father, he goes back to the any thing of this sort to impart, commencement of his christian his companions and encomiasts course, and desires his friend to would have shared in his plea. pray that God " would be pleas. sure, and would not have forgot. ed to let him feel just as he did ten to tell the world of its luxu. at that time when he first closed ry. Their silence was a sufficient with Christ,” and the rapture of comment. his soul came near to the bless. Let us extend our comparison edness of heaven. With deep to a particular which, more than humility he owns his sinfulness: almost any thing else, touches not a whisper of extenuation or the pride of philosophy: We apology does he utter_“I know mean the dignity displayed by not in what language to speak of the infidel and by the christian my own unworthiness-I have respectively. been undutiful.” But with great Ask Dr. Smith. He will tell tenderness, as in the presence of you that at the very time when the Omniscient, he attests his sat. he knew his dissolution was near, isfaction with time spent in his Mr. Hume continued to " divert christian duties and enjoyments. himself as usual, with correcting “I can truly say that I have his own works for a new edition; loved the service of God--I have with reading books of amuse. honestly endeavored to act for ment; with the conversation of God, but with much weakness his friends, and sometimes, in and corruption-I have tried my the evening, with a party at his master's yoke, and will never favorite game of whist.” Behold shrink my neck from it.” That the dying occupation of a caphe had been useful to others, and tain of infidelity! Of one who is instrumental in their salvation, eulogized “as approaching, as was to him a source of pure and nearly to the idea of a perfect. elevated joy. “ The Lord has ly wise and virtuous man, as, given me many souls as a crown perhaps, the nature of human of my rejoicing."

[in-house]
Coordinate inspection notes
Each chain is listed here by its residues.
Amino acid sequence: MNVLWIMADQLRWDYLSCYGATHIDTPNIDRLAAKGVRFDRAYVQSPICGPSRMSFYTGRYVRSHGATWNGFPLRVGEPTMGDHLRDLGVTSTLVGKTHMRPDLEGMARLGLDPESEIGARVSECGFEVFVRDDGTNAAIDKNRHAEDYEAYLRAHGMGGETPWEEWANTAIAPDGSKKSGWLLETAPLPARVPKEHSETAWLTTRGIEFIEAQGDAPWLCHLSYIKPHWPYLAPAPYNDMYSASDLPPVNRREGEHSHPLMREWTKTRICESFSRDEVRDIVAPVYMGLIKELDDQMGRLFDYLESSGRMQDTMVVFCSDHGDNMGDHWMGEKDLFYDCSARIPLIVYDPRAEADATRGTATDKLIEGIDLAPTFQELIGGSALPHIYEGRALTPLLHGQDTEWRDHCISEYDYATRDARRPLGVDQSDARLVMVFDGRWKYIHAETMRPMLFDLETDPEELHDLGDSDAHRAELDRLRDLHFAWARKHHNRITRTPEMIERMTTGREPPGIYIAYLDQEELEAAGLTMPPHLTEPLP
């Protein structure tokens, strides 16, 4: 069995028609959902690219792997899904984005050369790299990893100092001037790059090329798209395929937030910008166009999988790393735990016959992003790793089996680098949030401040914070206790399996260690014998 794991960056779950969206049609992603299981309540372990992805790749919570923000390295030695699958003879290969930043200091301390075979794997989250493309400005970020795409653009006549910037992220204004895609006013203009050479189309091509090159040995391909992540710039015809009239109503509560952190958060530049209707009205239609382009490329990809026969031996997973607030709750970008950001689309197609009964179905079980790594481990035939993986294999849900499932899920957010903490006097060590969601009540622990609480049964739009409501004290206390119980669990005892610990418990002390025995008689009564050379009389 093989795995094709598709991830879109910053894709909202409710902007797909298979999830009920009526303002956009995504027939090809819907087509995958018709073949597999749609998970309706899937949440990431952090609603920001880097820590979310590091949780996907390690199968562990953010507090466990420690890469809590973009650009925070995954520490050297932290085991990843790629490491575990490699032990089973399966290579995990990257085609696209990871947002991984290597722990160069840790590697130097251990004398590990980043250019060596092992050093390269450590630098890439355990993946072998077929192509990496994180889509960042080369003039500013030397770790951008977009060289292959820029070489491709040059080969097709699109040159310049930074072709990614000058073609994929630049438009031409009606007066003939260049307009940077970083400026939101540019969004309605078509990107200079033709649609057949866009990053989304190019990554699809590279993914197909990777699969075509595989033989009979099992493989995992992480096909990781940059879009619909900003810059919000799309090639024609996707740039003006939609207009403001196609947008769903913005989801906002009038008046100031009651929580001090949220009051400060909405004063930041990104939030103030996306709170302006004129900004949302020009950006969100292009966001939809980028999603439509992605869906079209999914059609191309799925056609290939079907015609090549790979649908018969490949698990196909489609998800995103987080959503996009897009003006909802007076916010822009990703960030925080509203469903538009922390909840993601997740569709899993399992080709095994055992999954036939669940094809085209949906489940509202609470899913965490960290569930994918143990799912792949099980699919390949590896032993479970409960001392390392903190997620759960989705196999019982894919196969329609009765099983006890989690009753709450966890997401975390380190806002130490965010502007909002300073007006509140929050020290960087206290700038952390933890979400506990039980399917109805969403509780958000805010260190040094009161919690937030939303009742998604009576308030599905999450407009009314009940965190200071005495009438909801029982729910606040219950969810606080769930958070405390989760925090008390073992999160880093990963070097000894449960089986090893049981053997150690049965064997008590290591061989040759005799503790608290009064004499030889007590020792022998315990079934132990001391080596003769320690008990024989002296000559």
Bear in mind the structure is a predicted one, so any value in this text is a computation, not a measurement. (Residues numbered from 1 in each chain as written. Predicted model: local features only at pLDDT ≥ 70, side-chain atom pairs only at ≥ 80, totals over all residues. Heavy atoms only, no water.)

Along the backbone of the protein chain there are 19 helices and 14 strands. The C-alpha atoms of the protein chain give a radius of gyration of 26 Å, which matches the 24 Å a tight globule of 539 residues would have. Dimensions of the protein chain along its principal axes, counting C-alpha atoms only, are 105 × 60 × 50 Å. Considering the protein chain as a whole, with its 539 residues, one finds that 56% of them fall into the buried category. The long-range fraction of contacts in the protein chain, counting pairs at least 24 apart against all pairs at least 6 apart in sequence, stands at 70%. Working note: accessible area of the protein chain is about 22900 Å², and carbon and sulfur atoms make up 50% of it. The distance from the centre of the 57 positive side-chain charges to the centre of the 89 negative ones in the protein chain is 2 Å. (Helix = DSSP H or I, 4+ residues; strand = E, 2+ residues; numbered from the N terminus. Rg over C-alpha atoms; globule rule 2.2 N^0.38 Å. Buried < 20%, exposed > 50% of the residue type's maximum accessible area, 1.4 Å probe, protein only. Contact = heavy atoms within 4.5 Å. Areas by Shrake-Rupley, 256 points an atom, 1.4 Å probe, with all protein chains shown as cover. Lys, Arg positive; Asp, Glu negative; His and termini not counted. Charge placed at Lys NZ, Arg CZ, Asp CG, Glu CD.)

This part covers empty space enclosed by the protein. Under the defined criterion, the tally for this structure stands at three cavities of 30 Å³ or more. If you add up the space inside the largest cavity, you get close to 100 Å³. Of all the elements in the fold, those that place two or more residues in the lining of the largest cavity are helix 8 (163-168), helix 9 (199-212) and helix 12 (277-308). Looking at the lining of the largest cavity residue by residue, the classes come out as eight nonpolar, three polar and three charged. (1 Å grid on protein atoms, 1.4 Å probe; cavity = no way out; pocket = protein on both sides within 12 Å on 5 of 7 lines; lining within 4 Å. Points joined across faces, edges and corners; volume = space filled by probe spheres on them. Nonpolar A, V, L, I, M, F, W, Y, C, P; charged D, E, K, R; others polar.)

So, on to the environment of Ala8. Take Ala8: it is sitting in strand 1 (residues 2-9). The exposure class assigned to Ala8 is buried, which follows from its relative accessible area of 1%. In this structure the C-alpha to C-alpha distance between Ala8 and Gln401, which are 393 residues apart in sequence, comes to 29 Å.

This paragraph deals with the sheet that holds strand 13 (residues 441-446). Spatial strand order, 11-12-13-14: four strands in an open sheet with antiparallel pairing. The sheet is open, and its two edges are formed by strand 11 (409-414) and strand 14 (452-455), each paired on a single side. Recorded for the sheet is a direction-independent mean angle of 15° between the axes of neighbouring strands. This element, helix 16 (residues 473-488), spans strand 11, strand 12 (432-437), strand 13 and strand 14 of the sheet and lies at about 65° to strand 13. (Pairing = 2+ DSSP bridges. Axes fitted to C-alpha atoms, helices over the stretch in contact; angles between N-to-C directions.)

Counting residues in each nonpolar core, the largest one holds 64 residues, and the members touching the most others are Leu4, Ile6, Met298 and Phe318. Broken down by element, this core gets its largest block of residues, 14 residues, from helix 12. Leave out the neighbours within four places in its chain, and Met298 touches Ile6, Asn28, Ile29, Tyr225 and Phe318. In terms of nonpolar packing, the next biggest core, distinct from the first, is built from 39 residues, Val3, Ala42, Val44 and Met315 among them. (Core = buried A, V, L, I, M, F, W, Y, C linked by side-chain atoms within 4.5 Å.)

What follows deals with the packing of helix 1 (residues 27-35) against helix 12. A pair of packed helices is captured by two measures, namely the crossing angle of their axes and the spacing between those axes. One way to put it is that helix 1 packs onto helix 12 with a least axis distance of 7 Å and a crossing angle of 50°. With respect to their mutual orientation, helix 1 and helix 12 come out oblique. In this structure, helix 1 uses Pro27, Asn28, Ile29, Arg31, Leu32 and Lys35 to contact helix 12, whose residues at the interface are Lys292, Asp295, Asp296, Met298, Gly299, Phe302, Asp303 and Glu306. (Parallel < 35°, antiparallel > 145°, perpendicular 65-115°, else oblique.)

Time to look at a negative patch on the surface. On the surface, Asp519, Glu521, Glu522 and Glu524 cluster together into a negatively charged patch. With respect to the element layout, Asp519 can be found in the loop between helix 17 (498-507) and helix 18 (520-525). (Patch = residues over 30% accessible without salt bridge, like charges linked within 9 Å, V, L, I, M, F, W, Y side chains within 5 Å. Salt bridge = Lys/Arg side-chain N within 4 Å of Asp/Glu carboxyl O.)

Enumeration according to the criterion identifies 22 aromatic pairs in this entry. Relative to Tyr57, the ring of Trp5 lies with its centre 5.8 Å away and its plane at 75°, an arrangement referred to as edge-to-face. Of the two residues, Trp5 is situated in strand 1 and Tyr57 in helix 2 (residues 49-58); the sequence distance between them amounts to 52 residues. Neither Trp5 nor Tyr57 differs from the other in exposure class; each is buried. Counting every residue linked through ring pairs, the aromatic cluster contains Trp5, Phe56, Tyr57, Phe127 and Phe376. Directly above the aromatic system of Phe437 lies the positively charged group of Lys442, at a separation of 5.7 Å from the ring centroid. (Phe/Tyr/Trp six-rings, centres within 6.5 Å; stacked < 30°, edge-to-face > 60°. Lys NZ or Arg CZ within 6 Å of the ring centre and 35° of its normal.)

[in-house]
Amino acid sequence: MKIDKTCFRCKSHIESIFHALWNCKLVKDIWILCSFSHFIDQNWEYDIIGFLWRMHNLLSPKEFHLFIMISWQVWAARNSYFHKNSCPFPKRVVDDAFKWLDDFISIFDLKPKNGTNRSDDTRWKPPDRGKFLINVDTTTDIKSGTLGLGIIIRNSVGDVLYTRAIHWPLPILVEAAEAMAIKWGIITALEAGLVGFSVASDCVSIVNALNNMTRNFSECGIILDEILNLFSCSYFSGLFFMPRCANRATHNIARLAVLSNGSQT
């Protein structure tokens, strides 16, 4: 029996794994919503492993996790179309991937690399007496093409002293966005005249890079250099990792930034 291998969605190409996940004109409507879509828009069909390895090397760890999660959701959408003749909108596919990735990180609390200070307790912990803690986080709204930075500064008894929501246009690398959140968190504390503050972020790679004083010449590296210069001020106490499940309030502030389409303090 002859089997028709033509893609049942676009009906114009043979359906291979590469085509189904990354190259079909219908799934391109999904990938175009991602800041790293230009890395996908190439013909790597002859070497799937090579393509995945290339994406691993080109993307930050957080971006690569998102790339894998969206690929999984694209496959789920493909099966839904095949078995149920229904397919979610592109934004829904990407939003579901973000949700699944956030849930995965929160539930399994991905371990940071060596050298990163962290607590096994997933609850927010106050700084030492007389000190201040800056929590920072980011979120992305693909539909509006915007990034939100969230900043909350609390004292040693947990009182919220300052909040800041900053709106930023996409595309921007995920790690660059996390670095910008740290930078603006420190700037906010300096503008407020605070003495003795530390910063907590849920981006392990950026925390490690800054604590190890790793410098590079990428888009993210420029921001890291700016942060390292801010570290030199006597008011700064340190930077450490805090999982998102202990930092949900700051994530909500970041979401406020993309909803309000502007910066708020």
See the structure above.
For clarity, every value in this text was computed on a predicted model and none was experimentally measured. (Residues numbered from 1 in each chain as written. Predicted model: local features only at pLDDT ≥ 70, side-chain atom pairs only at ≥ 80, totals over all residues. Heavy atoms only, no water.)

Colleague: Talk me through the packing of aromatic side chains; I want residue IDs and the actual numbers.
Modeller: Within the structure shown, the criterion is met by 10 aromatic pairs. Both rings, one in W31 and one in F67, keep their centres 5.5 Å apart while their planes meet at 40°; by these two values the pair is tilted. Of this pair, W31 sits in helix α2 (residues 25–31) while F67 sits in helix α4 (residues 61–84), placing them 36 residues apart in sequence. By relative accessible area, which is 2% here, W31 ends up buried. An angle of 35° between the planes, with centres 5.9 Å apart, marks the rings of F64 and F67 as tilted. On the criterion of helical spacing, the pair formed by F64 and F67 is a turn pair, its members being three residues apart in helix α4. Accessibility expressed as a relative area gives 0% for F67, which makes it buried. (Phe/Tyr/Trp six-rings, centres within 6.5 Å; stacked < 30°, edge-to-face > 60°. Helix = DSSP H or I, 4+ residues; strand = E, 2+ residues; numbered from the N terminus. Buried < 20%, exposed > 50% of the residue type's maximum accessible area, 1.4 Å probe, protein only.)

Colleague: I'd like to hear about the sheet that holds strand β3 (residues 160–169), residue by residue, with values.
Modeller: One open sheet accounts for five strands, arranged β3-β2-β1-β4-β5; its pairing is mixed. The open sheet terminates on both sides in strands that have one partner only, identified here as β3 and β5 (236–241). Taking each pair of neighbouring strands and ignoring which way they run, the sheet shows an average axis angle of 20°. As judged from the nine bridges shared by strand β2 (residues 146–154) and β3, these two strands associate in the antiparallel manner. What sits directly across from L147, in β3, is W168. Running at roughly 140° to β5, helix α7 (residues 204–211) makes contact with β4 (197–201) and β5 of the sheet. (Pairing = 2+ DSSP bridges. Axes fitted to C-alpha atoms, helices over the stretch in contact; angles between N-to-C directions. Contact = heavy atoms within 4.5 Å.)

frailty will admit”—his most se. What think you, now, reader, rious employment is “diverting of Mr. Hume and Dr. Finley, himself.” Just about to yield with regard to their retrospect up his last breath, and “divertof life? Who evinces most of ing himself.” From what? Let the good and the virtuous man? them answer who know that Whose reflections, is it rea there are apt to be troublesome sonable to conclude, were the visitors to the imagination and most delightful? Iis, who let the conscience of one who has none of them escape his lips ? or prostituted his powers to the his, whose words were inade. purpose of spreading rebellion quate to express their abundance against the God who made him! or their sweetness ? No; the “ Diverting himseli!” With one had not delightful recollec. what? With correcting his own tions to communicate. High works for a new edition ! a happiness is never selfish. The considerable portion of which overflowing heart pours off its 66 works" is destined to prove exuberance into the bosom of a that justice, mercy, faith, and friend. And had Mr. II, had all the circle of both the duties